I was also thinking it might be the solar storm shelter and the sleeping area.

Just having it on the nose outside the hull was discussed as the simplest option, and also that it could dock inside the cargo area for landing, but now Im thinking of the more difficult, more long term goal of having the Dragon entirely internal, available for escape during every phase of launch and landing, and also able to repeatedly dock and undock for excursions, and to have a customisable trunk.

I have moved on from the quick addition to a cargo variant. We could do that but there is not much to say. It would probably go on top because anything else is a major change, not a quick hack.

I still like the idea but I think of it not so much as a quickfix, as a difficult but worthwhile problem for another variant.
* Cargo variant
* Crew variant (actually, passengers as cargo)
* A Shuttle on steroids variant. 6-ish crew, some workspace, lots of cargo.

This is a variant for actually doing work in. Also exploration missions where there is not backup and support at the other end, such as an asteroid mission. (Asteroids have the real risk of debris that could damage heatshields as well so there are multiple safety advantages. Additionally the Dragon could be an exploration module)
« Last Edit: 10/10/2017 11:16 AM by KelvinZero »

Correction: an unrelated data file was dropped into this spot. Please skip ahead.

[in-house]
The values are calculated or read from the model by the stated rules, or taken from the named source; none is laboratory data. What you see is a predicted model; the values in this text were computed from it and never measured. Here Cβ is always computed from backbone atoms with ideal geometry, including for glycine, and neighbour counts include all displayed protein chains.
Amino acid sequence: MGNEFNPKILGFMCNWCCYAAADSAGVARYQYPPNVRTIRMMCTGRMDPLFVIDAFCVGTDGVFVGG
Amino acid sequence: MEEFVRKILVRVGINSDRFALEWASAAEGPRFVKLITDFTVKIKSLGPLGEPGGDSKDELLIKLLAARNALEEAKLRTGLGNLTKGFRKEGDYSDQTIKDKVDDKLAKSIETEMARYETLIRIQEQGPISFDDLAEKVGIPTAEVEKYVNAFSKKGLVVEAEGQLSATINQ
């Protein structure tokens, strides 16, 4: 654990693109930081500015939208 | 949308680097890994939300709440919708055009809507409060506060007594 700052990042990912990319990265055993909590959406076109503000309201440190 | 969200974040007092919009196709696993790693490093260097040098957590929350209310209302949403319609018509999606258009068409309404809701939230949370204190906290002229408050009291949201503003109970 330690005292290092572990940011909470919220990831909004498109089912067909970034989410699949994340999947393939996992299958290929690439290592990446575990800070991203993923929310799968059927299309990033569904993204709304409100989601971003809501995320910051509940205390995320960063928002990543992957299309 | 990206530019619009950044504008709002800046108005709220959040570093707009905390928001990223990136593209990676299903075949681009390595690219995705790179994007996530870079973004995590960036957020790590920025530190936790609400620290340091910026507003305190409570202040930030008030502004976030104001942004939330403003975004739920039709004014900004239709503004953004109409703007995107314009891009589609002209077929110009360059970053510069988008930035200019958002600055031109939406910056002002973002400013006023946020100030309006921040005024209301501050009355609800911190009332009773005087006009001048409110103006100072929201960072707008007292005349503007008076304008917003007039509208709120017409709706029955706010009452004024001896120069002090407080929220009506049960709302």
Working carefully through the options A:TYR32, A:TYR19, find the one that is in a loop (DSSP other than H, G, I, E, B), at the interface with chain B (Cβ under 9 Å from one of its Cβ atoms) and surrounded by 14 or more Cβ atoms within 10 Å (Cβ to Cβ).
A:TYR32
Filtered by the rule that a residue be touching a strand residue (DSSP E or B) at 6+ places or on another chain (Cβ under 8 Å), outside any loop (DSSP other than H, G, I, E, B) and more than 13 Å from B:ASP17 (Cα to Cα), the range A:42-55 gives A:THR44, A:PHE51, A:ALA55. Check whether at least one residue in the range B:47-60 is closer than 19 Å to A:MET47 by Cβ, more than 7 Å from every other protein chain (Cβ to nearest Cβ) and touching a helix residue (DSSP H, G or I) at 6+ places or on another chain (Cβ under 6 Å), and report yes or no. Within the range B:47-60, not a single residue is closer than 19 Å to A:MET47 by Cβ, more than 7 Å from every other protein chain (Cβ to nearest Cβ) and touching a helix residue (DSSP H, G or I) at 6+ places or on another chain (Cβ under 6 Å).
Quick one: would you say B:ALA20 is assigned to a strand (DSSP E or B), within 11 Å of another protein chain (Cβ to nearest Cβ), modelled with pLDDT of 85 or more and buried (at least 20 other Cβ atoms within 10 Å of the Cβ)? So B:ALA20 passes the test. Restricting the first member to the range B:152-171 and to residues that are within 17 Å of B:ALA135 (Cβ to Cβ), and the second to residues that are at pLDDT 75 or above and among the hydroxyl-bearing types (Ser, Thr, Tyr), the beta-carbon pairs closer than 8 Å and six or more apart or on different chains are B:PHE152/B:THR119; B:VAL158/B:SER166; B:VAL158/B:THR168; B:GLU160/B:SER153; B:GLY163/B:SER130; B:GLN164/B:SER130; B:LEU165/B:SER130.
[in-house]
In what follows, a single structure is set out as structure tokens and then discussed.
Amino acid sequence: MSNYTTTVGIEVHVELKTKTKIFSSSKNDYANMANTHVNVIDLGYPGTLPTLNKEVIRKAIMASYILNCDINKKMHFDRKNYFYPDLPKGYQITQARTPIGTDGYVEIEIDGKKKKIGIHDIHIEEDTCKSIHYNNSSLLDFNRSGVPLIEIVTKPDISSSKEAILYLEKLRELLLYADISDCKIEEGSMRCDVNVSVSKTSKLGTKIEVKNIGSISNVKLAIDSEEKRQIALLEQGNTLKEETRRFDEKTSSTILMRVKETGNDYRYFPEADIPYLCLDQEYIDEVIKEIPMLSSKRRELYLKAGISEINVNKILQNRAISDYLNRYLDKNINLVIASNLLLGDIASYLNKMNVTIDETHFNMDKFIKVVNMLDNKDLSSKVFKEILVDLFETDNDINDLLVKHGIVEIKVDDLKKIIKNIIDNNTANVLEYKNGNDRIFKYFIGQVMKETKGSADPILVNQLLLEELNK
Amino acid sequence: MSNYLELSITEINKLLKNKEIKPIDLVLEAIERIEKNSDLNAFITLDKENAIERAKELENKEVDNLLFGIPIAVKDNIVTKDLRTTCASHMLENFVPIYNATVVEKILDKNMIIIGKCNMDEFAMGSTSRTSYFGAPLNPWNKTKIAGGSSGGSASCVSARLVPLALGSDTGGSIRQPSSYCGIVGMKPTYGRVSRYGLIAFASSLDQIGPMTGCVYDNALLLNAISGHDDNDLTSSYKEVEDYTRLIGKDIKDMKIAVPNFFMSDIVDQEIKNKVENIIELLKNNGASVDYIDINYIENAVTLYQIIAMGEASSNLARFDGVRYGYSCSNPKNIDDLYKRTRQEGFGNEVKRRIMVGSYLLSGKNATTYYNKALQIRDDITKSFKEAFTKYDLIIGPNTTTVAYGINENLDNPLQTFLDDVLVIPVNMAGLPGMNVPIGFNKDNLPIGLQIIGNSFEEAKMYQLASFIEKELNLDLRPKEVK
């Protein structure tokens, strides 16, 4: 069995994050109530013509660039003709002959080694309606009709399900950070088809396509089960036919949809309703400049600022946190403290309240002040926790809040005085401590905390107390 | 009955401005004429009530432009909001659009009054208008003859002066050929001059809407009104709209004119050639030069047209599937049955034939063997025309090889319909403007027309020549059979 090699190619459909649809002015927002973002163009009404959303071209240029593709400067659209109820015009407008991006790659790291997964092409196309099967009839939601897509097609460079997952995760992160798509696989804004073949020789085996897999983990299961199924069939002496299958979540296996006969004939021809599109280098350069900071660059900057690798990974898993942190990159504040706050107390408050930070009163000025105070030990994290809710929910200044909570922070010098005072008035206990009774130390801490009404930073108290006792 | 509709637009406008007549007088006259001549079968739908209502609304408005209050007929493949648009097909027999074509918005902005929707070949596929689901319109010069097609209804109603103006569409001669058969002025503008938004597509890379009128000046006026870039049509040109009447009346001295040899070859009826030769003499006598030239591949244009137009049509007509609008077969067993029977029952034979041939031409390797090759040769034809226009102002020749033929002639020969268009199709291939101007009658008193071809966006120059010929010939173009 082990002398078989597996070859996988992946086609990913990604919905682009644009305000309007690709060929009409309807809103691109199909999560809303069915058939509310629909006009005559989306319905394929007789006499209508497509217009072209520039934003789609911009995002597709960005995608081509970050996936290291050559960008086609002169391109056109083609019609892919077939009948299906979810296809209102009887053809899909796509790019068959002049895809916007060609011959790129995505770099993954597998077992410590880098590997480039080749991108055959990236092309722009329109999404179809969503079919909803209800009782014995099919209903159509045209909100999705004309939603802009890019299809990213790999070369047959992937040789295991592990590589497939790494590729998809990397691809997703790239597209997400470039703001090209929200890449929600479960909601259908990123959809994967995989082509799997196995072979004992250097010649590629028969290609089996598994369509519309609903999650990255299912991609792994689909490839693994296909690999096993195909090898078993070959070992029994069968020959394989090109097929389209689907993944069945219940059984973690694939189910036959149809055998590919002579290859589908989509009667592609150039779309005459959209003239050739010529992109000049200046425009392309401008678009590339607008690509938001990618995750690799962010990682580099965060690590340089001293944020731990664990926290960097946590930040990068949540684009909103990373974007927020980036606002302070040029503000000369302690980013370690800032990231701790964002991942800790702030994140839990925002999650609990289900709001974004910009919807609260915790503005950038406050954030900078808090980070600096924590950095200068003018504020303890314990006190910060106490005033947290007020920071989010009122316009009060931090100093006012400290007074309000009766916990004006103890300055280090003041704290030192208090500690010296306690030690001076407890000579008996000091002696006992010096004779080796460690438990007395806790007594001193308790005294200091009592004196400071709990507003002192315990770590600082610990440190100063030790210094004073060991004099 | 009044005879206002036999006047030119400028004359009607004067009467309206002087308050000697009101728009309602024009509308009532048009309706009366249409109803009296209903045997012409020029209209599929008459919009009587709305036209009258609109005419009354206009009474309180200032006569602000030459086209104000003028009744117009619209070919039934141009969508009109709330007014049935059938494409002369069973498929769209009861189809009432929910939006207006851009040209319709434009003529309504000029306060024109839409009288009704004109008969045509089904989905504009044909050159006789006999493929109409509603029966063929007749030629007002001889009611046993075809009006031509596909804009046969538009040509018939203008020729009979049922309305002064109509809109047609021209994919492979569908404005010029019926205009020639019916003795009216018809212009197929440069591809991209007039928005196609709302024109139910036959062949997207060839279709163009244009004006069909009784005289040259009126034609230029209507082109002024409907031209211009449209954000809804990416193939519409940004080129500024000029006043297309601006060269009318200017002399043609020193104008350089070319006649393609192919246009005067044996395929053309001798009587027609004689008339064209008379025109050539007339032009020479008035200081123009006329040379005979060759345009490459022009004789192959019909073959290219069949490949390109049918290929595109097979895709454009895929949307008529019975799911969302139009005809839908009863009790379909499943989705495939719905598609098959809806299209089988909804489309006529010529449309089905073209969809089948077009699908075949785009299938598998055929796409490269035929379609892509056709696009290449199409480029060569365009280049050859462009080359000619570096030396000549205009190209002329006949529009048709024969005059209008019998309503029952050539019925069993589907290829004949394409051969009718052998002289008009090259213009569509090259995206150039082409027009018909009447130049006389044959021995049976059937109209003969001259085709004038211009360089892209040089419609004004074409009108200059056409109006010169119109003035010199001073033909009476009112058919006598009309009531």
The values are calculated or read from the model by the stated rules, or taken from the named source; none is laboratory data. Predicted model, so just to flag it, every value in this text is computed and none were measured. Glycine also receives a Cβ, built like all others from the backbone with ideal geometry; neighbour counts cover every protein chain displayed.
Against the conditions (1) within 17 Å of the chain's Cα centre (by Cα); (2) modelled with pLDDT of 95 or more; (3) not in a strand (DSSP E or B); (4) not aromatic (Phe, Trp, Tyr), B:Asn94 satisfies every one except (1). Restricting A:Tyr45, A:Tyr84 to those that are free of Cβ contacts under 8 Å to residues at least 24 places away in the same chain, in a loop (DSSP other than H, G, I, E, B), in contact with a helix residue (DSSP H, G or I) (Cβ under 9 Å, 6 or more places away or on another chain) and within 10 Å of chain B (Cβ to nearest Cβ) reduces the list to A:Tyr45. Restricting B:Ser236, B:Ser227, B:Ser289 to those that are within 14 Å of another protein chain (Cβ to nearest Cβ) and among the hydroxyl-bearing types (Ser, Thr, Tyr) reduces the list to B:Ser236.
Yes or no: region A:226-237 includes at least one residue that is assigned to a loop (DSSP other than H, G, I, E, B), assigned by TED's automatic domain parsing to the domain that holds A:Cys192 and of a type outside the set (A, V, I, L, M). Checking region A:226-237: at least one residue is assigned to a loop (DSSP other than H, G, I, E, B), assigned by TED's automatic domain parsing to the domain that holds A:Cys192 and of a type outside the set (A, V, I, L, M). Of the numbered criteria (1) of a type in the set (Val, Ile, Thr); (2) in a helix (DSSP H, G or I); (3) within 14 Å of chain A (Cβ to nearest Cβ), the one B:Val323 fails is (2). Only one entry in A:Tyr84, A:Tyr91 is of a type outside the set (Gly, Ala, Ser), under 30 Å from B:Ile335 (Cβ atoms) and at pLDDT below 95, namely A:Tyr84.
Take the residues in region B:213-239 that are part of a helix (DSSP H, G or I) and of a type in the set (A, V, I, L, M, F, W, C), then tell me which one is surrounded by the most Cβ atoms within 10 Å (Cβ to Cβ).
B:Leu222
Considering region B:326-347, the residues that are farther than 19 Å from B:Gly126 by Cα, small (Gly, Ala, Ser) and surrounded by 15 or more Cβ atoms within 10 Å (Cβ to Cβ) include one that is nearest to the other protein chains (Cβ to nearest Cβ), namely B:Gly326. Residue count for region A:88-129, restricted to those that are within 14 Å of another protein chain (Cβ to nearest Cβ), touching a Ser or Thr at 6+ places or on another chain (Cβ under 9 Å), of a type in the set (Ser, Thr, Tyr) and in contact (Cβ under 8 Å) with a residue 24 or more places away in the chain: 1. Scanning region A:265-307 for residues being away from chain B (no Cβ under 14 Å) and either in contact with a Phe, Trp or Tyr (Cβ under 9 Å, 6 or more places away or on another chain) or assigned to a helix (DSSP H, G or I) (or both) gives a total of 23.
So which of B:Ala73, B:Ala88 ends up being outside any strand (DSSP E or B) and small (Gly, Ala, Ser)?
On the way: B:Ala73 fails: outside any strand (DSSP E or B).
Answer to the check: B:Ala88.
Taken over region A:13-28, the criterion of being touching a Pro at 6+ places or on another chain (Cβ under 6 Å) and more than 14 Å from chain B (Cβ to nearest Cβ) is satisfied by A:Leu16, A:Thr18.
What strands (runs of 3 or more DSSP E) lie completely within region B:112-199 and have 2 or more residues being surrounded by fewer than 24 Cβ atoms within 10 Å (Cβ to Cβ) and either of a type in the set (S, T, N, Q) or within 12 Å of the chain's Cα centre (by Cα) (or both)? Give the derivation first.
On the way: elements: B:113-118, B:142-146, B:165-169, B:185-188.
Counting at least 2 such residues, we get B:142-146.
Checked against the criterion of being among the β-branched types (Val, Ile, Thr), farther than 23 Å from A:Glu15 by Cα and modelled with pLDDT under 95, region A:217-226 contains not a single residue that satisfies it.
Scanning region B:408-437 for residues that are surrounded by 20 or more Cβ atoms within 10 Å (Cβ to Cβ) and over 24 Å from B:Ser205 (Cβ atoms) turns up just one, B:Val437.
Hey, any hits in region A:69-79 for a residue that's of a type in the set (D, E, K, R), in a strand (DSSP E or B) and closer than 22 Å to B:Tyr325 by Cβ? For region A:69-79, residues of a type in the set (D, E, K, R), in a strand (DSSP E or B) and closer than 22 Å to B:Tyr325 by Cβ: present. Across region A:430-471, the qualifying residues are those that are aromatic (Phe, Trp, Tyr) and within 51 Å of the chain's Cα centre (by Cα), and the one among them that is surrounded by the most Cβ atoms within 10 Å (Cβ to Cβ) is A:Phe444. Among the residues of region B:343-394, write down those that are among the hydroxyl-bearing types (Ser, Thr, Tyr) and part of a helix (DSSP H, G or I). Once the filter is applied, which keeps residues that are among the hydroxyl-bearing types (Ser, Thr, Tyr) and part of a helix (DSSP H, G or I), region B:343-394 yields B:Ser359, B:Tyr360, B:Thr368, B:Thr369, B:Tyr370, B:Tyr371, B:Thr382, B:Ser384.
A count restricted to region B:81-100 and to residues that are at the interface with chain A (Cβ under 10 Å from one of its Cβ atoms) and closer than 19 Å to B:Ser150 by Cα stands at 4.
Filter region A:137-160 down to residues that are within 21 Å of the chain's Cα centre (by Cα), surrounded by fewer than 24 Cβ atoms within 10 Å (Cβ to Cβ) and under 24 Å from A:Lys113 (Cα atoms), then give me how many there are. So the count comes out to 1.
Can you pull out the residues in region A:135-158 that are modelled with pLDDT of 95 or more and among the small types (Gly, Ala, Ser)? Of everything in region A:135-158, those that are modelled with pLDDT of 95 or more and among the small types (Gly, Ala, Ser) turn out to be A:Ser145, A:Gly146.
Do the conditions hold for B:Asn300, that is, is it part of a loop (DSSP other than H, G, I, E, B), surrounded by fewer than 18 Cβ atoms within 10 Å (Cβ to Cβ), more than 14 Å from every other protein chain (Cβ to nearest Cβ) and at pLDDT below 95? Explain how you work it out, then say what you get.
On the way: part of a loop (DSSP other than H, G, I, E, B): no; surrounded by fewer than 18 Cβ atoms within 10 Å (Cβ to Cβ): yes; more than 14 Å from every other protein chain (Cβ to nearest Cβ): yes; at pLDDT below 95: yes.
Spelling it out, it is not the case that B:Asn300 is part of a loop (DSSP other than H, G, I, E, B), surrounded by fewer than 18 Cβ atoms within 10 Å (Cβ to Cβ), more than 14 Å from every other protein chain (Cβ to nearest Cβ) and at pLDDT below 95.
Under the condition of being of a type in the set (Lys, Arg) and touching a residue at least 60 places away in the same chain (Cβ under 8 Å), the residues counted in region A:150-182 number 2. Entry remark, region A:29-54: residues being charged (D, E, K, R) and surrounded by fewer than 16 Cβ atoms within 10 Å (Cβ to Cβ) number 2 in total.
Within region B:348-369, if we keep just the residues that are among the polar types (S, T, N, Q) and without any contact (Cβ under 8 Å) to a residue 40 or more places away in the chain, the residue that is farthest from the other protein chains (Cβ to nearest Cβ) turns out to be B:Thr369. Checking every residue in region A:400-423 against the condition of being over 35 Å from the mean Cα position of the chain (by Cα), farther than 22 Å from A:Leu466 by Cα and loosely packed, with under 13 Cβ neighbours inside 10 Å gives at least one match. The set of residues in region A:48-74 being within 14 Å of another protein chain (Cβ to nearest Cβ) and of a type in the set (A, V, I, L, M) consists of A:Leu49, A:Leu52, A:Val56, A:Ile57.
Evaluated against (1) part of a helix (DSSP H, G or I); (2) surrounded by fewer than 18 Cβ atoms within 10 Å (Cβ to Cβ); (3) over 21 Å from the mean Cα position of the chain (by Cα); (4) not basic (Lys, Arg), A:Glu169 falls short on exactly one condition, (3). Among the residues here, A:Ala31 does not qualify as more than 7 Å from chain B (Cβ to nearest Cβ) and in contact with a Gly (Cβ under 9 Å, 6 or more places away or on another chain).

Offline guckyfan

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Re: Cargo BFS with Dragon crew.
« Reply #44 on: 10/10/2017 12:04 PM »
In the medium term a Dragon has no place in a BFS architecture. It means carrying a vehicle with plenty of hypergolic propellant. If they want a mobile pod for local actions they would build one based on the BFS RCS-thrusters, maybe a smaller version. It runs on methalox and can be refueled from the BFS main tanks. A Dragon would not be a good match. Such a vehicle needs an airlock. Dragon is designed around the ability to reenter. It has a quite small internal volume due to the cone shape.

Offline guckyfan

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Re: Cargo BFS with Dragon crew.
« Reply #45 on: 10/10/2017 02:12 PM »
In the medium term a Dragon has no place in a BFS architecture. It means carrying a vehicle with plenty of hypergolic propellant.